Sportsnet and TSN will be constantly hyping their 4K broadcasts, as it is a big investment and likely the next thing.
It’s likely inevitable your next TV will be a 4K one, but you don’t need to run out and buy one just yet.
Posted January 25, 2016
Collected Wisdom: Brian Davis, Thunder television play-by-play announcer
Every time Thunder fans turn on the TV to watch a game, they hear Brian Davis' voice.
That freaks him out a bit.
Davis has been the television play-by-play voice of the Thunder since the team's inaugural season in Oklahoma City. While he's well aware that thousands of fans watch and listen, as they will Sunday when the Thunder plays in Brooklyn, he tries not to think about all those ears and eyes, lest he gets spooked. He tries to think instead about telling the story of the game, about sharing something fans might not know, about educating while entertaining.
He tries to have a little fun, too, because that's what he's having.
I'm originally from Baltimore, and I was the short, fat kid, so I never played. But I always loved going to games. My dad would take me and my brother to Orioles games and Colts games and Clippers, which is minor-league hockey.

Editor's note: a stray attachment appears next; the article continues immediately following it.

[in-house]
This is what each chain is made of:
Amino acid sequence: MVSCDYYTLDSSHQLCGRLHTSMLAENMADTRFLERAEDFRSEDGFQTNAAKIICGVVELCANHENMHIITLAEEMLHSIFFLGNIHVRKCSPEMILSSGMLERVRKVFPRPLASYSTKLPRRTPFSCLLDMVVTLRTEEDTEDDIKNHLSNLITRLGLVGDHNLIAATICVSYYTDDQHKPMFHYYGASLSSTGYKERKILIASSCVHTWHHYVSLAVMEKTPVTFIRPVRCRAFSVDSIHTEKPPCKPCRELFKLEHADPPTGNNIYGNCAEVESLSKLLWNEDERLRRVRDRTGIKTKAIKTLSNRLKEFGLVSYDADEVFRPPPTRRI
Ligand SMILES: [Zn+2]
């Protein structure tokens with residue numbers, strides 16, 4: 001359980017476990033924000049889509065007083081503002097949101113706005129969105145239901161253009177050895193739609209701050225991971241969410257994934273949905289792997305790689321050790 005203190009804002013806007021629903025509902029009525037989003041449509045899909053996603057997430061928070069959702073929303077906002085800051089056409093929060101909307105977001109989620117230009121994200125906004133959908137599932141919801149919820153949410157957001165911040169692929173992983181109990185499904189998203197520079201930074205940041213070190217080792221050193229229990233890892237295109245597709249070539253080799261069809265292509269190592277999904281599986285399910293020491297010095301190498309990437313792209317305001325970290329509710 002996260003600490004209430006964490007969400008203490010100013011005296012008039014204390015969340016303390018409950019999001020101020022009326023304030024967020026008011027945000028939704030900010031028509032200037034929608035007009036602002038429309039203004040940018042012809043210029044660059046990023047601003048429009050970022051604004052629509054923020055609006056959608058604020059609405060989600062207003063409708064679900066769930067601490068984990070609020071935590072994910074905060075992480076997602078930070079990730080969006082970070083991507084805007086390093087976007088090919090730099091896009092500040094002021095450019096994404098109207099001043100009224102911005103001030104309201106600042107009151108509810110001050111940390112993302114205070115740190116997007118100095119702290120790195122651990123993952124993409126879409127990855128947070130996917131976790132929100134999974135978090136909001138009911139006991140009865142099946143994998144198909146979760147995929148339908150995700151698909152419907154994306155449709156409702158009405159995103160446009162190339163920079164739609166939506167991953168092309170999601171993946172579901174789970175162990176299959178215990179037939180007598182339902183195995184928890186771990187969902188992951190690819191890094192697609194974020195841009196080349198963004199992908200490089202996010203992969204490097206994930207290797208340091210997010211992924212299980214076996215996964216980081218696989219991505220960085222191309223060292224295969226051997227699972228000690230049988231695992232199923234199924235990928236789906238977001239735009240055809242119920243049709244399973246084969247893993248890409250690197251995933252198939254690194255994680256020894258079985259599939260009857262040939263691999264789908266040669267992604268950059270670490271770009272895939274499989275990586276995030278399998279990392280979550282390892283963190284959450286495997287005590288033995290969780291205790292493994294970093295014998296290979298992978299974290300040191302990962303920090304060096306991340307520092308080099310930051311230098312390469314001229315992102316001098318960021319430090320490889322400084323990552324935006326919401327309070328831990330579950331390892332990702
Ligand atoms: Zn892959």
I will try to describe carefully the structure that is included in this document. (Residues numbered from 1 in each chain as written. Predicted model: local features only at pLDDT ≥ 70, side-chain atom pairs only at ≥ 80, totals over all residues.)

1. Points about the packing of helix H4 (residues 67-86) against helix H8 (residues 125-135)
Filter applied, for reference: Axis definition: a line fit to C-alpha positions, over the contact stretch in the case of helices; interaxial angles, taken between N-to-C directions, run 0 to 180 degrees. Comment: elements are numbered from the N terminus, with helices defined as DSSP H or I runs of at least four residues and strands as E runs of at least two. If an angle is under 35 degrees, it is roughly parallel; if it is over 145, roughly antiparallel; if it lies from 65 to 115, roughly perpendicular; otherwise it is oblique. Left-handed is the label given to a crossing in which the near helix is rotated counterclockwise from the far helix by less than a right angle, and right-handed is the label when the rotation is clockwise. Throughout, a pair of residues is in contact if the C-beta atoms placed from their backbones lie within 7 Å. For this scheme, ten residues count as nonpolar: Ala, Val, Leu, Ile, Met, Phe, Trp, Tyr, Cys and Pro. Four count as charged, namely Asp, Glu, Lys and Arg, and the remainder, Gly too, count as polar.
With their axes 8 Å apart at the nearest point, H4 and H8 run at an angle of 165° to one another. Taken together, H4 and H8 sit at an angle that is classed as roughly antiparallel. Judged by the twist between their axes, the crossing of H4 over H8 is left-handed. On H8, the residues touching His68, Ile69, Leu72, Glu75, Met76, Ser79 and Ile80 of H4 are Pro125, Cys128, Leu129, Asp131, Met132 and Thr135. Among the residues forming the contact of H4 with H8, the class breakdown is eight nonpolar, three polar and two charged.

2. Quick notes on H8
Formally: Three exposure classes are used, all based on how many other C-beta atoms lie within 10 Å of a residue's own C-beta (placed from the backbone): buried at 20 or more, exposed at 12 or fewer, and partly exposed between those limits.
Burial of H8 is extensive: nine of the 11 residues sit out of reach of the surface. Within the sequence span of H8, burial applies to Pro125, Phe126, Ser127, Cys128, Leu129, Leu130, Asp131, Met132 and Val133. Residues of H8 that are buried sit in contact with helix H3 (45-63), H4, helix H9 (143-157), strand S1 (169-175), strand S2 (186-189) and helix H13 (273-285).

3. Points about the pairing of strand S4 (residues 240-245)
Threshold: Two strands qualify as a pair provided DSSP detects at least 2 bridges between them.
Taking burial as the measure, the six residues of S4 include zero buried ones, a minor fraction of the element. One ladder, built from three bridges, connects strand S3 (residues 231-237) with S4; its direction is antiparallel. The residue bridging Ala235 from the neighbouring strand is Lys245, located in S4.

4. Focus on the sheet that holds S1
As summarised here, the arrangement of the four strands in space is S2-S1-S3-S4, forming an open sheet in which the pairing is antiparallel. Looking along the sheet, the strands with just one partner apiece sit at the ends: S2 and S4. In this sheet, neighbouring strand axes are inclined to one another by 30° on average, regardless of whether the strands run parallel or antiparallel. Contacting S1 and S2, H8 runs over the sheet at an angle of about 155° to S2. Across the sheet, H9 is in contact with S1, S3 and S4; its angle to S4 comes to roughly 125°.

I always loved the buzz of being at an event.
When I was in high school – Jersey, suburban New York – took a journalism class and I fell in love with it. My high school journalism teacher, Mrs. Farrell, had been a newspaper writer in St. Louis for the old Globe Democrat. She was pretty enterprising, so as a class project, I started a local New Providence sports column for our local weekly paper.
I wanted to write for the New York Times. I wanted to write for one of the great American newspapers. Then I get to campus at Northwestern in the fall of 1973 ... and I thought that the newsroom at the Daily Northwestern was populated by a bunch of wise guys and jokers. Mrs. Farrell had been like this straight-up, just-the-facts-ma'am type of journalism teacher. Cover both sides, and let the reader make the decision.
So, I went to work at the radio station instead.
I wanted to do sports, but everybody else did, too. All the young males especially. So, there was a real crowd, and I've always been a path-of-least-resistance sort of guy, so I went into the newsroom instead. That's how I got into news, and I spent the first 10 years of my career doing news.
I wanted to be the anchor on the hourlies for CBS Radio. That was my goal. I wanted to be the guy at the top of the hour, you heard that, “Dunt dunt duh”, then the guy goes, “CBS.” I wanted to be that guy.